Persons who are deaf face a number of challenges with regard to vulnerability for substance use disorders. Moreover, accessible treatment for this condition can be difficult to establish and maintain. The Deaf community may be one of the most disenfranchised groups in America in regard to appropriate access to substance use disorder (SUD) prevention and treatment services. This article reviews
findings related to substance use disorder and treatment for this condition among persons who are deaf. It also reviews a promising approach for addressing treatment needs via e-therapy, and it highlights the challenges and concerns regarding e-therapy for this population. E-therapy services demonstrate promise in reaching a larger and therefore more economically viable treatment population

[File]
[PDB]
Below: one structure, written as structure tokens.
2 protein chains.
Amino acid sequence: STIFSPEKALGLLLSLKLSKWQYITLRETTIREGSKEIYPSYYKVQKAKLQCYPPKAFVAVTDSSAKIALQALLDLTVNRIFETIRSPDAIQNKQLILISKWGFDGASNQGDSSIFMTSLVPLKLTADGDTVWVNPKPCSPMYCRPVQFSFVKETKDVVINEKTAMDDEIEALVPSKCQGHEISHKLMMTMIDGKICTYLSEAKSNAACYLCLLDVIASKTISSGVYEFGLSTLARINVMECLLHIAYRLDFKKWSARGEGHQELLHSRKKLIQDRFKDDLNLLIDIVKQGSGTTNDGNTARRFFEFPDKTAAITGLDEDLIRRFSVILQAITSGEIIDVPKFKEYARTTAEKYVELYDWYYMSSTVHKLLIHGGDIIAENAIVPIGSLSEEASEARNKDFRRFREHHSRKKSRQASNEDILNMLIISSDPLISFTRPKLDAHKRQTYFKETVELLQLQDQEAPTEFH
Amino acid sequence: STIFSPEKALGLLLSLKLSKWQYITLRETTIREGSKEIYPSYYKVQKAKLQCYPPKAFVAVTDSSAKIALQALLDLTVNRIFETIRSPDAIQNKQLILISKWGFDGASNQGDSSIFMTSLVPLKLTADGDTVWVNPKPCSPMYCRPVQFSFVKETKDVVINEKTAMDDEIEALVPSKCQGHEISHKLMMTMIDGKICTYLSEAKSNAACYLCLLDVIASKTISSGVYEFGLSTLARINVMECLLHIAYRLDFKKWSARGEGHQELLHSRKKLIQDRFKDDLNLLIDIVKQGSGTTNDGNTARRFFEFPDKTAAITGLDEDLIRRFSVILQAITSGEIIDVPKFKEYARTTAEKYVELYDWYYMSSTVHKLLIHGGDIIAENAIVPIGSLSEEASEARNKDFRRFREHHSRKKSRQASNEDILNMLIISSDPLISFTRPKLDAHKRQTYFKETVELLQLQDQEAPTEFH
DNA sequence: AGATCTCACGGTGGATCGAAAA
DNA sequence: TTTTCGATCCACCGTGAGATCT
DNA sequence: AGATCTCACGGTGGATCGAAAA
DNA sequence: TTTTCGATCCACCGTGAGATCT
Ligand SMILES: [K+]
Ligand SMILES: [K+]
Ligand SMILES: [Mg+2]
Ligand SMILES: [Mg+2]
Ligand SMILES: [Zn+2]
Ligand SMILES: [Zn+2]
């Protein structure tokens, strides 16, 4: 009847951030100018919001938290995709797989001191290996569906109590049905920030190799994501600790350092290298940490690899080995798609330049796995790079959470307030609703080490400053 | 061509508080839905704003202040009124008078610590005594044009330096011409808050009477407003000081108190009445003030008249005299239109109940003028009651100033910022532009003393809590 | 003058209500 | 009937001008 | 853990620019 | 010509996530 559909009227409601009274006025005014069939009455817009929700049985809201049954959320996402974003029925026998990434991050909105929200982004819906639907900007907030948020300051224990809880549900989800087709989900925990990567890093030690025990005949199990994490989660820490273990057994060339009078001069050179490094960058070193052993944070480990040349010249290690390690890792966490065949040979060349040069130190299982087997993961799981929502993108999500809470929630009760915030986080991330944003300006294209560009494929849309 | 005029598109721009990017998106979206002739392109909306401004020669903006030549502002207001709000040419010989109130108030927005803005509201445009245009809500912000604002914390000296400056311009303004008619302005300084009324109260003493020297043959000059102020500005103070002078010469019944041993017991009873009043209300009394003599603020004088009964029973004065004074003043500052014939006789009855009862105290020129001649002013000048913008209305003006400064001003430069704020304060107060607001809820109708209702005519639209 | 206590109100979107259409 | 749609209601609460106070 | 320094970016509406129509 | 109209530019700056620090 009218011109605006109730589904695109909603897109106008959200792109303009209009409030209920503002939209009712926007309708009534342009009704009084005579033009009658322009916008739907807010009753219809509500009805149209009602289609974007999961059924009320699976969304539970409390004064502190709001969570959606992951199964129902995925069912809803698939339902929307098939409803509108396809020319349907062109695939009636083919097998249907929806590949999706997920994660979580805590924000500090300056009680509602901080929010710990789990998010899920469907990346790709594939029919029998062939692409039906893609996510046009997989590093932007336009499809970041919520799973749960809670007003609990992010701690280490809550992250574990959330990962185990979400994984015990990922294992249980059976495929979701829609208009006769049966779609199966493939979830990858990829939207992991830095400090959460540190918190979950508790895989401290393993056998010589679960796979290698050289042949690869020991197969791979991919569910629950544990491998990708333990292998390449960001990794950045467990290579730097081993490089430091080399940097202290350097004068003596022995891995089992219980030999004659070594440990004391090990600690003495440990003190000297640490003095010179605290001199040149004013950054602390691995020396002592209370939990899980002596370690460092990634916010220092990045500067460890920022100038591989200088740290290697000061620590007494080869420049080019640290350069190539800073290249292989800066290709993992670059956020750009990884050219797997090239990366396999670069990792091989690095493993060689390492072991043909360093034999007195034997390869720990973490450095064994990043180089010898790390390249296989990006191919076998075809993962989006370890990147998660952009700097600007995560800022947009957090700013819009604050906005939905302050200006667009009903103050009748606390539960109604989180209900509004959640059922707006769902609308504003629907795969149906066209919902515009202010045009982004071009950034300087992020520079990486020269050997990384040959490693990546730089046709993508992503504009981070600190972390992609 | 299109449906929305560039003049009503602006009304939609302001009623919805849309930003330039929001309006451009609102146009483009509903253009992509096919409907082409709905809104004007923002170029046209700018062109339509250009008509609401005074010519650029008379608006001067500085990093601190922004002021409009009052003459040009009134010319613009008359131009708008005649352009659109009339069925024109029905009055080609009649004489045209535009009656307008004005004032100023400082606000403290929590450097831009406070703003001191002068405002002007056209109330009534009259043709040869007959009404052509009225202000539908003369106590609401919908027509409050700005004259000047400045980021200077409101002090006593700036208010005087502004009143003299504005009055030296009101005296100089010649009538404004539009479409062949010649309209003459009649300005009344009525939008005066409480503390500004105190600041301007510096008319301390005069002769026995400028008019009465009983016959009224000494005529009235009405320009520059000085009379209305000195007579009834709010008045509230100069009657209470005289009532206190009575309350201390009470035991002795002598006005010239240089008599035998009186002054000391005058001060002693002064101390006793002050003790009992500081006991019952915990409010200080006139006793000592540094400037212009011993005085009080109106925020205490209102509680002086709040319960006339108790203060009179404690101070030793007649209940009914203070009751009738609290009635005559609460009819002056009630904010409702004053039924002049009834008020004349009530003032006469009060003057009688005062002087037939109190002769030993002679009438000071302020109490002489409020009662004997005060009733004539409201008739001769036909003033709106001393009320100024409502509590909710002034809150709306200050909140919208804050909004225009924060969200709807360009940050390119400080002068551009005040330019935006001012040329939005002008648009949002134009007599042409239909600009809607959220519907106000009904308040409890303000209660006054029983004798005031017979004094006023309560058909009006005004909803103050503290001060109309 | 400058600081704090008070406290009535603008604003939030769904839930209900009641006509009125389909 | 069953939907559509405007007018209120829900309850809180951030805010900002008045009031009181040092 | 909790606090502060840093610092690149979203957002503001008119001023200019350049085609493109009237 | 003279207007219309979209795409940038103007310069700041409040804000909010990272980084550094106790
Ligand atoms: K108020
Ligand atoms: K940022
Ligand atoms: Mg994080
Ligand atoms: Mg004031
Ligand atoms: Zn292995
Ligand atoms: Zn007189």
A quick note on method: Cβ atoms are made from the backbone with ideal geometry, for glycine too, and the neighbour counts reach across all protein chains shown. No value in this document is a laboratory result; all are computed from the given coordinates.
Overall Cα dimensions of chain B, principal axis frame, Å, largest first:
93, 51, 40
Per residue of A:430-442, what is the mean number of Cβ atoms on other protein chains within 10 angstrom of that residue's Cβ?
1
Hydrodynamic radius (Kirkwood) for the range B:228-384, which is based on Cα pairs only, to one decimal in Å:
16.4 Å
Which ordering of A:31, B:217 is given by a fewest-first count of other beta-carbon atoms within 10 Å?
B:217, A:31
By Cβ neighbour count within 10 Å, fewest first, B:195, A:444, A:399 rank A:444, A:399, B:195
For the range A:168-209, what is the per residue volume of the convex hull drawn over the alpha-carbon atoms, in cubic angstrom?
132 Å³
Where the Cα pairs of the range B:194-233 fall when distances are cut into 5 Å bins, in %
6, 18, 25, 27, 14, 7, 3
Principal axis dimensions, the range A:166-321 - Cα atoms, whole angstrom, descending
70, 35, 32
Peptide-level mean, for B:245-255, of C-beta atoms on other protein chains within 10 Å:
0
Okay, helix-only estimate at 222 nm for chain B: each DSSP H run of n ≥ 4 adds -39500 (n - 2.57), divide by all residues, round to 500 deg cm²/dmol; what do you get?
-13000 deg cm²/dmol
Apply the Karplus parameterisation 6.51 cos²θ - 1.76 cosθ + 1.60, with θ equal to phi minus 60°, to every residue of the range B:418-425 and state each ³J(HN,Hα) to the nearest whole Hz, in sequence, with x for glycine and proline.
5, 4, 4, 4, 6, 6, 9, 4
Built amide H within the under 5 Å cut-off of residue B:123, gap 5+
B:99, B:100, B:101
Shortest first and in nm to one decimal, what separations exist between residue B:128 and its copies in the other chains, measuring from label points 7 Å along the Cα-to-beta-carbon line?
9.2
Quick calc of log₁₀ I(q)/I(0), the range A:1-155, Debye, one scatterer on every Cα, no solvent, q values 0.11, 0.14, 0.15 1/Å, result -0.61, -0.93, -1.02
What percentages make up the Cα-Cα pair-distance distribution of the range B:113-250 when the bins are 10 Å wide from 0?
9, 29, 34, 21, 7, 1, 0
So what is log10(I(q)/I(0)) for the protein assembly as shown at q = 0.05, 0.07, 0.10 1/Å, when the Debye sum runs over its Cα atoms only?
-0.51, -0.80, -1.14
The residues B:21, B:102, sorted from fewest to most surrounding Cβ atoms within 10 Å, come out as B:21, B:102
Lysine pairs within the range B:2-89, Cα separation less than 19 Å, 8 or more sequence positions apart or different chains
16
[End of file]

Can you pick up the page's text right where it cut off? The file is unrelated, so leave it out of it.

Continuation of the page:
of deaf individuals while providing culturally appropriate and comprehensible recovery support options. Demographic and intermediate treatment outcome data are presented on a state-wide program established to serve persons who are deaf in the mid-west.
Rogers, N. L.,
& Embree, J. A.
(2009). E-Therapy as a Means for Addressing Barriers to Substance Use Disorder Treatment for Persons who are Deaf. Journal of Sociology & Social Welfare, 36 (4), 75-92.